Many of you will remember that back in March of this year - I mentioned that a dear friend - Mike Schildknecht - was opening a restaurant about 120 kilometers (78 miles) from San Francisco. He called the place 'Berryessa Corners'. He was kind enough to invite me to hang my photography in his new dining room. Ten black & white prints are on display there.
Last Tuesday - a week ago today - I received a call from a mutual friend saying that Mike's body had been discovered that morning. Evidence suggested he'd had a heart attack in the middle of the night.
Mike was one of the most amazing people I've known in this life. He was a bulldog from New Jersey - with the accent and attitude to let you know it. Yet , he was one of the most accepting, loving, tolerant, and steadfast people I've ever had the pleasure to know.
He had made medical history several times over as a double-heart-transplant recipient from UCSF Hospital in San Francisco. Transplanted hearts have a maximum life span of about twelve years. Mike had gotten all of that time and a little more from his first heart before they cleared him for and then went ahead with a second heart transplant in 2002.
Two major automobile accidents tried to claim him. Both red-light runners - neither his fault. In the first one - it took rescue workers more than an hour to free him from the wreckage. They had to disassemble the front seats and remove him through the right rear door of the car. There was no room to use the 'jaws-of-life'. The emergency room doctor at San Francisco General Hospital wrote on Mike's admittance form; "unlikely to survive".
Mike's life contained so many adventures - one could fill a book. Many of them could not be printed in a family newspaper. Mike could be wild.
But when he learned that he would not be permitted a third heart - he knew he was against a loudly ticking clock. He had always wanted to run his own bar and restaurant - and when he saw this beat-up old building, rotting by the wayside near his beloved Lake Berryessa - he knew it was his mission to bring it back to life. And he did.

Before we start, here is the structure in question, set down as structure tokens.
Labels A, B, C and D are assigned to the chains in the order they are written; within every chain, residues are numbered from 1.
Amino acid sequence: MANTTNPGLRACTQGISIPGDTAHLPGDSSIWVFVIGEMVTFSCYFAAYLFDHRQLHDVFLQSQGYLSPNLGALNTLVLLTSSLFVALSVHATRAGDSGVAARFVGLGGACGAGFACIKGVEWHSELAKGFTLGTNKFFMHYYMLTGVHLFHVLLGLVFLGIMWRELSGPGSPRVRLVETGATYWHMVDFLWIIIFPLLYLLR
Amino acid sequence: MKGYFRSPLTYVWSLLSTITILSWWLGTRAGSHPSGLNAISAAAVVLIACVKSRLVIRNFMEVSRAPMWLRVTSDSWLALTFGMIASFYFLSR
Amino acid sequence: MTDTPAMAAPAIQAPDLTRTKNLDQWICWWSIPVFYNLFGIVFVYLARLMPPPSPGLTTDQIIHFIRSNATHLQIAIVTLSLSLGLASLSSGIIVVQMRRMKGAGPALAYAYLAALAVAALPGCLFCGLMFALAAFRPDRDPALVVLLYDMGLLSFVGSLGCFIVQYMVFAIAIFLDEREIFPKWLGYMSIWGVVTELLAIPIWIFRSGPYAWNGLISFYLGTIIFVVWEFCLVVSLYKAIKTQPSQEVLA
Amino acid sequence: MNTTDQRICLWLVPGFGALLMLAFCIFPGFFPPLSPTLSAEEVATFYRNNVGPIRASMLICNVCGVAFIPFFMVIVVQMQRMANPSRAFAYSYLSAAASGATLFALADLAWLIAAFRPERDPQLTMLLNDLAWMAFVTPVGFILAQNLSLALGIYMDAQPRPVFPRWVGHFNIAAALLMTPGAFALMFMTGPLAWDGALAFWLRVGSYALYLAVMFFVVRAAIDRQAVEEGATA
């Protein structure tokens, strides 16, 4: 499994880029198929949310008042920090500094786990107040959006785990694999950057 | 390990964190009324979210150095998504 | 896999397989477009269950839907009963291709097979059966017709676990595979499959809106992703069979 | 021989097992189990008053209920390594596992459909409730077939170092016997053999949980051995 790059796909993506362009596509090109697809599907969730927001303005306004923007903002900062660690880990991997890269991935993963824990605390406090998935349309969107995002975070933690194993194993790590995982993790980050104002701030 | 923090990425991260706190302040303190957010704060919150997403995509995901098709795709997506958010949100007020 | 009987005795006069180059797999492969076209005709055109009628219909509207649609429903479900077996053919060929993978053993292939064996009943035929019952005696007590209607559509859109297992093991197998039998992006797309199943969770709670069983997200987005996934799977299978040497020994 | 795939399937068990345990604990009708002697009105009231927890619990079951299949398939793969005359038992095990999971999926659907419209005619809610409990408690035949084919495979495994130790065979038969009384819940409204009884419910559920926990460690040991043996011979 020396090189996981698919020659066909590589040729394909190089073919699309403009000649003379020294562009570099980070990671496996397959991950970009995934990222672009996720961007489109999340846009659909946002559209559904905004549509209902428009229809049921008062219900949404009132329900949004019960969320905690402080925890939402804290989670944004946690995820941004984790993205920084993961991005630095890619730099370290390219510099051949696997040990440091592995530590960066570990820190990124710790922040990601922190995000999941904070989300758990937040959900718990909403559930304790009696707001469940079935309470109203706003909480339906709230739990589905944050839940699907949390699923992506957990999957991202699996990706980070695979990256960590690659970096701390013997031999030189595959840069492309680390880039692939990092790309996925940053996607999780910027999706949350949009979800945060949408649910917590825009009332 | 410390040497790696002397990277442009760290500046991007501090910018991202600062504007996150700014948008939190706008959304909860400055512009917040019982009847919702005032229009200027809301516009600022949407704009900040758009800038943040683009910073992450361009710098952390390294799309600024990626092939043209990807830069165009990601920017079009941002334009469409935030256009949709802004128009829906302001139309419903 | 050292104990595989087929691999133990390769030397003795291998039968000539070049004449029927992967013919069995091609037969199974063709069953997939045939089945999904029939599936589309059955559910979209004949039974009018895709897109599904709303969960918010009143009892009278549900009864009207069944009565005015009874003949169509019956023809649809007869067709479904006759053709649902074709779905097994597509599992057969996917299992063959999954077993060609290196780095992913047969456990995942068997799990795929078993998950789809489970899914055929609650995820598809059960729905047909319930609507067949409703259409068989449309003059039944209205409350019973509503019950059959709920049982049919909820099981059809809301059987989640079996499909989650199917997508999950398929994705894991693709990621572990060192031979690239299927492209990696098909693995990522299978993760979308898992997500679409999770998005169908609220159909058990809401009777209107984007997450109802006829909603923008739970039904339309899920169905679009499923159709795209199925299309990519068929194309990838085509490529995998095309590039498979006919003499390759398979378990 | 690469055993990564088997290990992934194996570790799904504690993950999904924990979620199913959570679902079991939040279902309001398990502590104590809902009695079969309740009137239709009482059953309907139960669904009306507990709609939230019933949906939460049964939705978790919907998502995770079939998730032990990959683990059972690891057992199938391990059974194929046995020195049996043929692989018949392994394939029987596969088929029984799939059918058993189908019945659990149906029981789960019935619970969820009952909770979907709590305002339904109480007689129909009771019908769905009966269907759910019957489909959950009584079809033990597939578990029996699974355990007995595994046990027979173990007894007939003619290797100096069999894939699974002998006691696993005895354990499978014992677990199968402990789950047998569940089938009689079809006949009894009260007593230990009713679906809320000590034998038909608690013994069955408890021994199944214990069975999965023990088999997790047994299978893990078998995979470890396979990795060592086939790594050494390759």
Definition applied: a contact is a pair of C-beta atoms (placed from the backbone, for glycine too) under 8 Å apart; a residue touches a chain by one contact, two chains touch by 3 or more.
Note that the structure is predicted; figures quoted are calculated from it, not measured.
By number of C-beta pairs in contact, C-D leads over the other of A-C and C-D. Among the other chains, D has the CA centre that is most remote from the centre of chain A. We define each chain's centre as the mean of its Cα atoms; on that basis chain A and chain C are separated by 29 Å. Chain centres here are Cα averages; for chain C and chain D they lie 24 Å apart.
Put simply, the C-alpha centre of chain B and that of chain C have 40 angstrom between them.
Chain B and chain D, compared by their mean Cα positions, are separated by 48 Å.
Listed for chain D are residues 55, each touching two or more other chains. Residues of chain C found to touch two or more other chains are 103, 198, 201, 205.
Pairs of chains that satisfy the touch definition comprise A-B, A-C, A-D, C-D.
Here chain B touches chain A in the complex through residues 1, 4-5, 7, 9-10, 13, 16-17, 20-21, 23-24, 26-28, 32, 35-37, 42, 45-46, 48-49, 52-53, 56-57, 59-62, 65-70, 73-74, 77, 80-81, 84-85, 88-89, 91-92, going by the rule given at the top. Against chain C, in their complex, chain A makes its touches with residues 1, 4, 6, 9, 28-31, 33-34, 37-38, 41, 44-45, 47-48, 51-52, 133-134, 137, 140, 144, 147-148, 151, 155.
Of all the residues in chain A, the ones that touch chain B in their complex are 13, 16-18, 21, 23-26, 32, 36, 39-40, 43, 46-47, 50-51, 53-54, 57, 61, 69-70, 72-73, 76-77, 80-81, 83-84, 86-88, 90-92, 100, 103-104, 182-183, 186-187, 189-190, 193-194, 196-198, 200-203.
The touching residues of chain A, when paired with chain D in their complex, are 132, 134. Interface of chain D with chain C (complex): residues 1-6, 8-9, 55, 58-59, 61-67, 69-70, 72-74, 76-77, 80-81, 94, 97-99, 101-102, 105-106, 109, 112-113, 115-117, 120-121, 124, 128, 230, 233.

There were three businesses under one roof. A market, a restaurant, and a bar. He managed to open the first two and had almost completed the bar. Oh how I wish he'd been given the time to see it all finished. He had everything plotted out on paper. He was so proud that the market kept exceeding his projections.
The time bell rang. Now, the book is closed.
Before taking on the store - Mike was a taxi cab dispatcher on a grave-yard shift - part time. The company was in decline and Mike was increasingly unhappy with his time there. In January of this year - Mike quit his job and moved to 'Berryessa Corners' to build his dream.
All of us who knew Mike and who would visit him 'up at the lake' agreed that he'd never looked or seemed better than during these past few months. He was relaxed, happy, challenged by the unending demands of opening three businesses in a beat-up building that had to be brought up to code. Mike seemed to thrive on all of this.
And, there was Mike's fear that he would slowly get sick and wind up in the hospital with doctors and tubes defining his decline.
My good friend, Bill, was with Mike on Monday night. They talked business until late and parted company. Bill was likely the last person to see Mike alive. Bill reported that Mike seemed fine that night. His color was good and his spirits upbeat. So Mike was healthy to the end and went fast. He couldn't have scripted a better departure.
Fifty years is way too short a life in these accelerated times. However, Michael Schildknecht was an inspiration. His original heart disease cheated death for more than two decades and he knew it.
Time after time - I was in awe as Mike would go out of his way to befriend a person who was suffering or was down and out. He seemed drawn to the downtrodden and gave them plenty of his time and attention. Everyone was an equal to Mike - unless it was someone who would bully or take advantage of another. Those folks found themselves instantly on Mike's (bleep) list. And he pulled no punches in letting them know just what he thought about their misguided ways.
This then is a day of closure...
Thank you Mike, for sharing time with me along this life's path. I am grateful for every moment. My life will be substantially less full without your beautiful presence.
The visitation at the funeral home is set for Noon. The service is at 3.
There will be many, many people there. Lots of these folks I'll have not seen in a long, long time. There will be those I've not yet met. Mike formed many circles and made friends easily. The fact of Mike's life will be at the center of this pilgrimage. I look forward to being with all of these people. I readily find comfort in our common love, admiration, and friendship with this remarkable man.
We will all join to celebrate a man's full life.
And we will cry.
© copyright 2018 by Stephen Phillips Photography / Oakland, California / www.JoyOfLight.com
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